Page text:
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Metrolink growth strains station parking capacity

A ridership surge has already jammed lots, and the O.C. line's planned expansion will make things tougher.

July 05, 2008|David Reyes | Times Staff Writer

Until recently, Blaine Bridenball's morning involved a well-practiced routine: Get up, eat and drive to the Metrolink station in Buena Park by 7:15 for his commute to Los Angeles.

Then gas prices skyrocketed, and Bridenball found that the parking lot at the new train station was filling to capacity earlier and earlier.

"With each month it seems you add another five minutes," he said. "Now, the lot is full by 6:50 a.m."

This week, Bridenball joined hundreds of transit riders who have been boarding a shuttle bus at a nearby park for a two-mile ride to the train station -- a stopgap solution to a growing problem.

A surge in Metrolink ridership and plans to sharply increase the number of trains running on weekdays are forcing transportation planners to speed up projects to add parking at Orange County's train stations.

Until recently, 300 parking spaces were required at newly built stations.

"We believed that would be sufficient for many years," said Darrell Johnson, Orange County Transportation Authority commuter rail manager. "The new standard we're now demanding is 500 spaces."

That standard will be used when the county's 12th Metrolink station, in Placentia, is built in three years.

Meantime, by 2010 officials hope to have trains running every 30 minutes from 5 a.m. to midnight on weekdays between Fullerton and Laguna Niguel.

Seven locomotives and 59 passenger cars are on order, new track has been laid, and additional parking must be either finished or near completion when the expanded service begins, officials say.

Until that happens, cities have been scrambling to set up shuttle services from Metrolink stations to residential areas, major employers, resort areas and shopping malls.

Nowhere is the increased demand for parking more evident than in Buena Park.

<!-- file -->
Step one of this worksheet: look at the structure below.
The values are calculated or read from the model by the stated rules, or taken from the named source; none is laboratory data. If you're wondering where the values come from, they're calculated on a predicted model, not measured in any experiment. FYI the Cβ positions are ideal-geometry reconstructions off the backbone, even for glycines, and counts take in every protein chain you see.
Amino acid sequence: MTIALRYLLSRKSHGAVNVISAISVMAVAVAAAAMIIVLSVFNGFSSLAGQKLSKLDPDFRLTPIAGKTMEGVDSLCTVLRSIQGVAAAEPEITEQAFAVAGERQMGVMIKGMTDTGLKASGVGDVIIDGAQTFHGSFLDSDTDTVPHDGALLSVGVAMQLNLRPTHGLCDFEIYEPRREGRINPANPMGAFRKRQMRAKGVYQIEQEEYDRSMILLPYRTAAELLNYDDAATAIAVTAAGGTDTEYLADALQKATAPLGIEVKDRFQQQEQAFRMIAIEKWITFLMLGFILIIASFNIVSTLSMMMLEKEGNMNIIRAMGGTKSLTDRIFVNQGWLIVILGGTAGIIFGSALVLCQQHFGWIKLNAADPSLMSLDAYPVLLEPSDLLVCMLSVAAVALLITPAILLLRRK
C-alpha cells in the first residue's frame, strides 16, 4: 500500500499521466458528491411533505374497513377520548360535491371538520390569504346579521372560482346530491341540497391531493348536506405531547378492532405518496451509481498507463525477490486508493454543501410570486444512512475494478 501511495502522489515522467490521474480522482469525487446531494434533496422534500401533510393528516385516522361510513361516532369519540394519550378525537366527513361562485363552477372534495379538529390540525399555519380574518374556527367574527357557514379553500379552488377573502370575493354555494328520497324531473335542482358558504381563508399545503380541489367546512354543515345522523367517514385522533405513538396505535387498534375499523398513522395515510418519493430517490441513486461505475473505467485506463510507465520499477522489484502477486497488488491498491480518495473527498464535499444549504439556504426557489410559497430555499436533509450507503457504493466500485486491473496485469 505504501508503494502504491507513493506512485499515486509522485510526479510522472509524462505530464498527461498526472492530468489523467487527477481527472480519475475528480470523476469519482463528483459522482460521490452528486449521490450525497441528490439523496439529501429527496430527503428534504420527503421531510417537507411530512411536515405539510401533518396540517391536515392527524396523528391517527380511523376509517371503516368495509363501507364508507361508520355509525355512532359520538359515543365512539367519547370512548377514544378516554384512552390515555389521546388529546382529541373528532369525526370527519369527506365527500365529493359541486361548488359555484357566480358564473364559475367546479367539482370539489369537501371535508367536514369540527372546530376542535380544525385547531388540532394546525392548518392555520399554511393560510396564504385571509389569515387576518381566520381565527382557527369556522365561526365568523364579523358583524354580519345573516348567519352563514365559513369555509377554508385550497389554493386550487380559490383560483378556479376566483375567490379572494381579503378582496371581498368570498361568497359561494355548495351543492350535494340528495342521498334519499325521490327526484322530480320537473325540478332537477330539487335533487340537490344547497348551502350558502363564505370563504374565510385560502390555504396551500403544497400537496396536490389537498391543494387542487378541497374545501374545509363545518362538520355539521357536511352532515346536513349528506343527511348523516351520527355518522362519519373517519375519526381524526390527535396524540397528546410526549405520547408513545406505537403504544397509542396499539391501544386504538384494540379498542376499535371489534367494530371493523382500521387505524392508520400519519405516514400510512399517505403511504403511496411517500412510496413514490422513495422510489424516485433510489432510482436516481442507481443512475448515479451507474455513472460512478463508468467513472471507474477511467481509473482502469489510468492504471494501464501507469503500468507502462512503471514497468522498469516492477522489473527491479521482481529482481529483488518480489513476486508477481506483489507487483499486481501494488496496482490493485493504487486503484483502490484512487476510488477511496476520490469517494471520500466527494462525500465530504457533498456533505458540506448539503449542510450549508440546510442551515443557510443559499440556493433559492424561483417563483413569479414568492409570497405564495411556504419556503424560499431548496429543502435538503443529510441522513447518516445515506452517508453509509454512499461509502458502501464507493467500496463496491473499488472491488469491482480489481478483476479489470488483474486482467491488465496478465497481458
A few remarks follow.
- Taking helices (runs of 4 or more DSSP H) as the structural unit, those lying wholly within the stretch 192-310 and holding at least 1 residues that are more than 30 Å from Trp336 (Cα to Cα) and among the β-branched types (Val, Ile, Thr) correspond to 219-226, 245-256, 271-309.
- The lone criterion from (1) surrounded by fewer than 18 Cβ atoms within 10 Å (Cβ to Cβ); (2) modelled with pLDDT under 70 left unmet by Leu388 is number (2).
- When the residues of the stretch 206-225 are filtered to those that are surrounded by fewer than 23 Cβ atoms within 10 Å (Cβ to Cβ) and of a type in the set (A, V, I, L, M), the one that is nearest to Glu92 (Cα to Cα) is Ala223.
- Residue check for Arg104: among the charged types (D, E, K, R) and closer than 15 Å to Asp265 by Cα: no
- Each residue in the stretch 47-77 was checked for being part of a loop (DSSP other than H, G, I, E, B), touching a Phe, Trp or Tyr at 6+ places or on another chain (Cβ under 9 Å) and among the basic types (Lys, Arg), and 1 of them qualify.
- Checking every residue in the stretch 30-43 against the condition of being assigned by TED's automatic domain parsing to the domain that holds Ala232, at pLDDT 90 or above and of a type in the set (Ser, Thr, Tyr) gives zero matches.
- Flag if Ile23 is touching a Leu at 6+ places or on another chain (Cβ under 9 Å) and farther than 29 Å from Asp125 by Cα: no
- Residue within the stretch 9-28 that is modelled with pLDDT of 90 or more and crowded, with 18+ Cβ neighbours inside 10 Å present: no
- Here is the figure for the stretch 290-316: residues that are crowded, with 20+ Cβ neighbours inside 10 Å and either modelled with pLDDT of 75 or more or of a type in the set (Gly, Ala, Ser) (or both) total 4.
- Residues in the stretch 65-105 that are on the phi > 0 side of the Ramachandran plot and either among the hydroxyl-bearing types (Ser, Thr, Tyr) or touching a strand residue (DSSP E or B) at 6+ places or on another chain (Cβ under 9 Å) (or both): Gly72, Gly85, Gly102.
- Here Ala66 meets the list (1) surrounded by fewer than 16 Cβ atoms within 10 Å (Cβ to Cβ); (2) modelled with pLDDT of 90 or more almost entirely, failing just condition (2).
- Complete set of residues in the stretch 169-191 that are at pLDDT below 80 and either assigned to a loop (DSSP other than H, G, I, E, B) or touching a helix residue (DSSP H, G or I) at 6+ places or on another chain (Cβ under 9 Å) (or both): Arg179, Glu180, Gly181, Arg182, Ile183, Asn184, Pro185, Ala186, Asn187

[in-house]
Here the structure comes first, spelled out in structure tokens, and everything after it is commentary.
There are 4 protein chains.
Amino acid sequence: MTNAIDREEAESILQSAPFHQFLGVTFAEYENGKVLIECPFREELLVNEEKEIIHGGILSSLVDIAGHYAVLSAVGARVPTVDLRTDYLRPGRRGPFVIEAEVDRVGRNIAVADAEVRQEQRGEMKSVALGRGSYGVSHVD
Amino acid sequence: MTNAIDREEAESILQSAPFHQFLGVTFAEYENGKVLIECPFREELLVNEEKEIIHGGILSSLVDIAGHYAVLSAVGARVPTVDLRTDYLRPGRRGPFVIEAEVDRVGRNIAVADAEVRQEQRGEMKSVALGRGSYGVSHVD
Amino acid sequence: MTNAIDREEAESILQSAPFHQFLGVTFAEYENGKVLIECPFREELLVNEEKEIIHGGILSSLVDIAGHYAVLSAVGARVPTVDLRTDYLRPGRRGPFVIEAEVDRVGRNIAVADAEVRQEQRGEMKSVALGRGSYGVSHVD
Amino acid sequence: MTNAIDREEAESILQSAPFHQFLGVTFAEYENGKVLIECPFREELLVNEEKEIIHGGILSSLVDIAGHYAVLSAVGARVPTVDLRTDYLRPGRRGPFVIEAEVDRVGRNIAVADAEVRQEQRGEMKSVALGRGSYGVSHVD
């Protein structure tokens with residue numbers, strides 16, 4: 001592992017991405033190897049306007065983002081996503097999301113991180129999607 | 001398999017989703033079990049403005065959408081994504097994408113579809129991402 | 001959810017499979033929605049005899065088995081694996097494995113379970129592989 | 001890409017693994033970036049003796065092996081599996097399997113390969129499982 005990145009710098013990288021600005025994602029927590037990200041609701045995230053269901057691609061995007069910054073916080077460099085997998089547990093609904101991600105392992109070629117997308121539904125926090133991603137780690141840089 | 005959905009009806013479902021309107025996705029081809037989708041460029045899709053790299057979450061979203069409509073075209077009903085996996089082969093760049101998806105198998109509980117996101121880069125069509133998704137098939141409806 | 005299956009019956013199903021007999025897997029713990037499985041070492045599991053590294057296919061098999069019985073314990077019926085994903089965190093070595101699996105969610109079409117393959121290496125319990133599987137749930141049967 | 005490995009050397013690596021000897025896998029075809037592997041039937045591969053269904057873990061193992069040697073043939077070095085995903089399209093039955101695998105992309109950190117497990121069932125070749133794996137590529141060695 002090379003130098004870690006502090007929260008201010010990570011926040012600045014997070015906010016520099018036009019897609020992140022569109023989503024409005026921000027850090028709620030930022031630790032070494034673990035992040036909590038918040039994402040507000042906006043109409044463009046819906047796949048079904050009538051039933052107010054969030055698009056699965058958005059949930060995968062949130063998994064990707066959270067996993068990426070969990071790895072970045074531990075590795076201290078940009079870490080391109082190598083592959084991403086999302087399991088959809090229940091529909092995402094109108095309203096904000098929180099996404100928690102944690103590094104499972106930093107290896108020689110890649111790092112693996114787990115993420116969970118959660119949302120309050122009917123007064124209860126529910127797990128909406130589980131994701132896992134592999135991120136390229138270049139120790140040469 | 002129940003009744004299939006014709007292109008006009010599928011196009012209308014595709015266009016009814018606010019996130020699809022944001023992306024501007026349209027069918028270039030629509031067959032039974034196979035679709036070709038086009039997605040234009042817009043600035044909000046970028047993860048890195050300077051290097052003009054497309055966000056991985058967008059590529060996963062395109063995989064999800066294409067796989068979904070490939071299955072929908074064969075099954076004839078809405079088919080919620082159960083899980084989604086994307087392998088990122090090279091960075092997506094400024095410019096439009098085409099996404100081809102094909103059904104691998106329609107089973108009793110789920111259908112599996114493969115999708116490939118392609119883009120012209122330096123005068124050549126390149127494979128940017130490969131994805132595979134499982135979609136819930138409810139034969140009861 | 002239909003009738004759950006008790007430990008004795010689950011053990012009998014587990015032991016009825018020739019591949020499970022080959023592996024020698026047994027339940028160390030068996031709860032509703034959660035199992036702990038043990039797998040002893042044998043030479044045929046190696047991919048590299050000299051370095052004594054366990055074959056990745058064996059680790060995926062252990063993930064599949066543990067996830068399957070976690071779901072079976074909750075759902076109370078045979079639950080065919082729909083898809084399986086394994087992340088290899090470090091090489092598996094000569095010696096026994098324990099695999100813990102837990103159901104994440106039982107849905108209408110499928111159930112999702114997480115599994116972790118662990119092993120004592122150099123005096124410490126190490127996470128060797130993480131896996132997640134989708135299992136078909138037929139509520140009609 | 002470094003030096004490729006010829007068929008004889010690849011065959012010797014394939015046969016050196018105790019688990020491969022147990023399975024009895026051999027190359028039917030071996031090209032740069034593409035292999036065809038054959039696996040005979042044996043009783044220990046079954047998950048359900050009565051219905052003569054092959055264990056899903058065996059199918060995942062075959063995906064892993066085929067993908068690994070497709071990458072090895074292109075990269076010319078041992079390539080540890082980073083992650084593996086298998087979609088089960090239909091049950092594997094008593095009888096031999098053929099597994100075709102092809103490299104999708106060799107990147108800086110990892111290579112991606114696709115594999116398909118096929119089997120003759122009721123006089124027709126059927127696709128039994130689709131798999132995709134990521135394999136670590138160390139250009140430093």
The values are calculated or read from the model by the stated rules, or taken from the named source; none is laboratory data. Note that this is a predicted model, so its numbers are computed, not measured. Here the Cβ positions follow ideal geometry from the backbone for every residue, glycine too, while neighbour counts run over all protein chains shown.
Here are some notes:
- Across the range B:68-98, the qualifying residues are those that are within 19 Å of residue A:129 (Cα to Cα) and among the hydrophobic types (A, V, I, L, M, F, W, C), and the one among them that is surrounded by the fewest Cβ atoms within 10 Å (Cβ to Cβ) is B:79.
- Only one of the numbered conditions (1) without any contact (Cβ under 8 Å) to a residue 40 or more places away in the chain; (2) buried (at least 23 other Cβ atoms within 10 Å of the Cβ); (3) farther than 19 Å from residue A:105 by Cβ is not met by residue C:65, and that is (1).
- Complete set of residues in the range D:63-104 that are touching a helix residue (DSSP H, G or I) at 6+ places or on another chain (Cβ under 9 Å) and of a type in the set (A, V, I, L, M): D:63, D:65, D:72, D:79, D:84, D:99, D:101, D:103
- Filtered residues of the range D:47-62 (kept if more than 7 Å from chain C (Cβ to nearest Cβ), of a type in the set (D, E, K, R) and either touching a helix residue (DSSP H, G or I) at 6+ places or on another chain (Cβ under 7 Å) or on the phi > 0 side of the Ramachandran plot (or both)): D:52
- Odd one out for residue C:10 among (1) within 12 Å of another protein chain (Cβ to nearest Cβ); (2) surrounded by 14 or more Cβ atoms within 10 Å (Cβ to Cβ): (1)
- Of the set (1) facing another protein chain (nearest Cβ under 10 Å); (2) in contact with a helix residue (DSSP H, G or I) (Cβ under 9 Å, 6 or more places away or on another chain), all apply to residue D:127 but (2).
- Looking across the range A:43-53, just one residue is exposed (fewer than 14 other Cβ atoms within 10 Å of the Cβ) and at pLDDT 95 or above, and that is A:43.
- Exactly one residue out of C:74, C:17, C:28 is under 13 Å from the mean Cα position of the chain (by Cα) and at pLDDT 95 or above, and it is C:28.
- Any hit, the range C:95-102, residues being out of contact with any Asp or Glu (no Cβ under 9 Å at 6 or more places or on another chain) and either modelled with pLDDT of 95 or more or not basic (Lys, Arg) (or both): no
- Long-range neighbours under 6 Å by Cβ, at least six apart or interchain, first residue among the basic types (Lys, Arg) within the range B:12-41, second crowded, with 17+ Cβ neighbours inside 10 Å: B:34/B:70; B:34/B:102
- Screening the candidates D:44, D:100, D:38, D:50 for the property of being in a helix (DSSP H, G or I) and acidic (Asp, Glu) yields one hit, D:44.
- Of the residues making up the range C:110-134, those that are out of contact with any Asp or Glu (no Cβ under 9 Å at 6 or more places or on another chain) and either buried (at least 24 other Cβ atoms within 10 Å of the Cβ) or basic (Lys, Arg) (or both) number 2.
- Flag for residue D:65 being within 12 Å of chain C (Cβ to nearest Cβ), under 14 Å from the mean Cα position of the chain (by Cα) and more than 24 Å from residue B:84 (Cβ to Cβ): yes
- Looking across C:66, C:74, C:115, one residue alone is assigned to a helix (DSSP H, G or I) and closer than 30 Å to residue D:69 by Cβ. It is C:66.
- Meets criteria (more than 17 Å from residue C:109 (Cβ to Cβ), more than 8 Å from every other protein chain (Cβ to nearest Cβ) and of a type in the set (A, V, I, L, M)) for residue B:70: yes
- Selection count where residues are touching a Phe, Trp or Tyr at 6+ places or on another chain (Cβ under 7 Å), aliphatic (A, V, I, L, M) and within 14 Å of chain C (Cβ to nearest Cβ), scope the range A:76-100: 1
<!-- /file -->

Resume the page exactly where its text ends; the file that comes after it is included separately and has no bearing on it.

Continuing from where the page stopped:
Its station opened 10 months ago, and unexpectedly high ridership has already forced OCTA and the city to spend $220,000 on shuttle services for a year.

Plans for more parking are in the works.

"This shuttle is a good idea," said Felix Mendez, 30, of Garden Grove. "The station is closer to my home, but with the parking problem I would have to take the train at Fullerton, and that's in the opposite direction of where I need to go."

In Laguna Niguel, OCTA just acquired two acres where the California Department of Transportation plans to close a maintenance yard in two years. Taking its place will be 150 parking spaces.

In Fullerton, the county's busiest station, the lots fill up fast. The city and OCTA are working to build a 1,000-space parking garage at the site of a former citrus packing company nearby.

Down the line in Tustin, OCTA is about to move forward on a planned parking garage with 825 spaces.

In Irvine, valets were hired to wedge cars into its Metrolink lot. The practice ended when customers decided it was cheaper to park their own cars.

Now, OCTA and the city are spending $27 million for a four-story, 1,500-space parking structure that is to open by September.

"With the anticipated upgrade in train service by OCTA in two years, this new facility will meet the increased demand," said Louie Gonzalez, an Irvine city spokesman.

But immediately, the Irvine project will make the daily commute a bit easier for people like Andrew Silber, 37, of Rancho Bernardo,

About a year ago, he paid $2,500 for "a beater" -- a car he keeps parked at the packed Irvine station. He drives it a few miles back and forth to his office, where he is a partner in a video game company.

"I did it to avoid 2 1/2 hours on the freeway," he said. "When I'm on the train, I can get work done, rest, and catch up on things. There's less stress."

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david.reyes@latimes.com

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(BEGIN TEXT OF INFOBOX)

More passengers ride the rails

Parking capacity will triple at the Irvine Metrolink station, when a new four-level parking structure opens this fall. Transportation officials predict a surge in riders as more people look for alternatives to driving their cars.

Number of daily arriving and departing passengers at busiest stations*

L.A.-Union Station (est.): 7,497

Fullerton: 2,139

Corona-North Main : 1,950

Tustin: 1,831

Orange: 1,789

Santa Ana: 1,751

Irvine: 1,643

Riverside-La Sierra: 1,392

Norwalk/Santa Fe Springs: 1,336

Riverside-Downtown: 1,218

West Corona: 1,140

Oceanside: 990

Buena Park: 897

Anaheim Canyon: 888

Anaheim: 843

*Daily counts are based on a one-day sample taken in April at stations served by the Orange County, Inland Empire/Orange County and 91 Metrolink lines.

Sources: Metrolink, Orange County Transportation Authority. Graphics reporting by David Reyes

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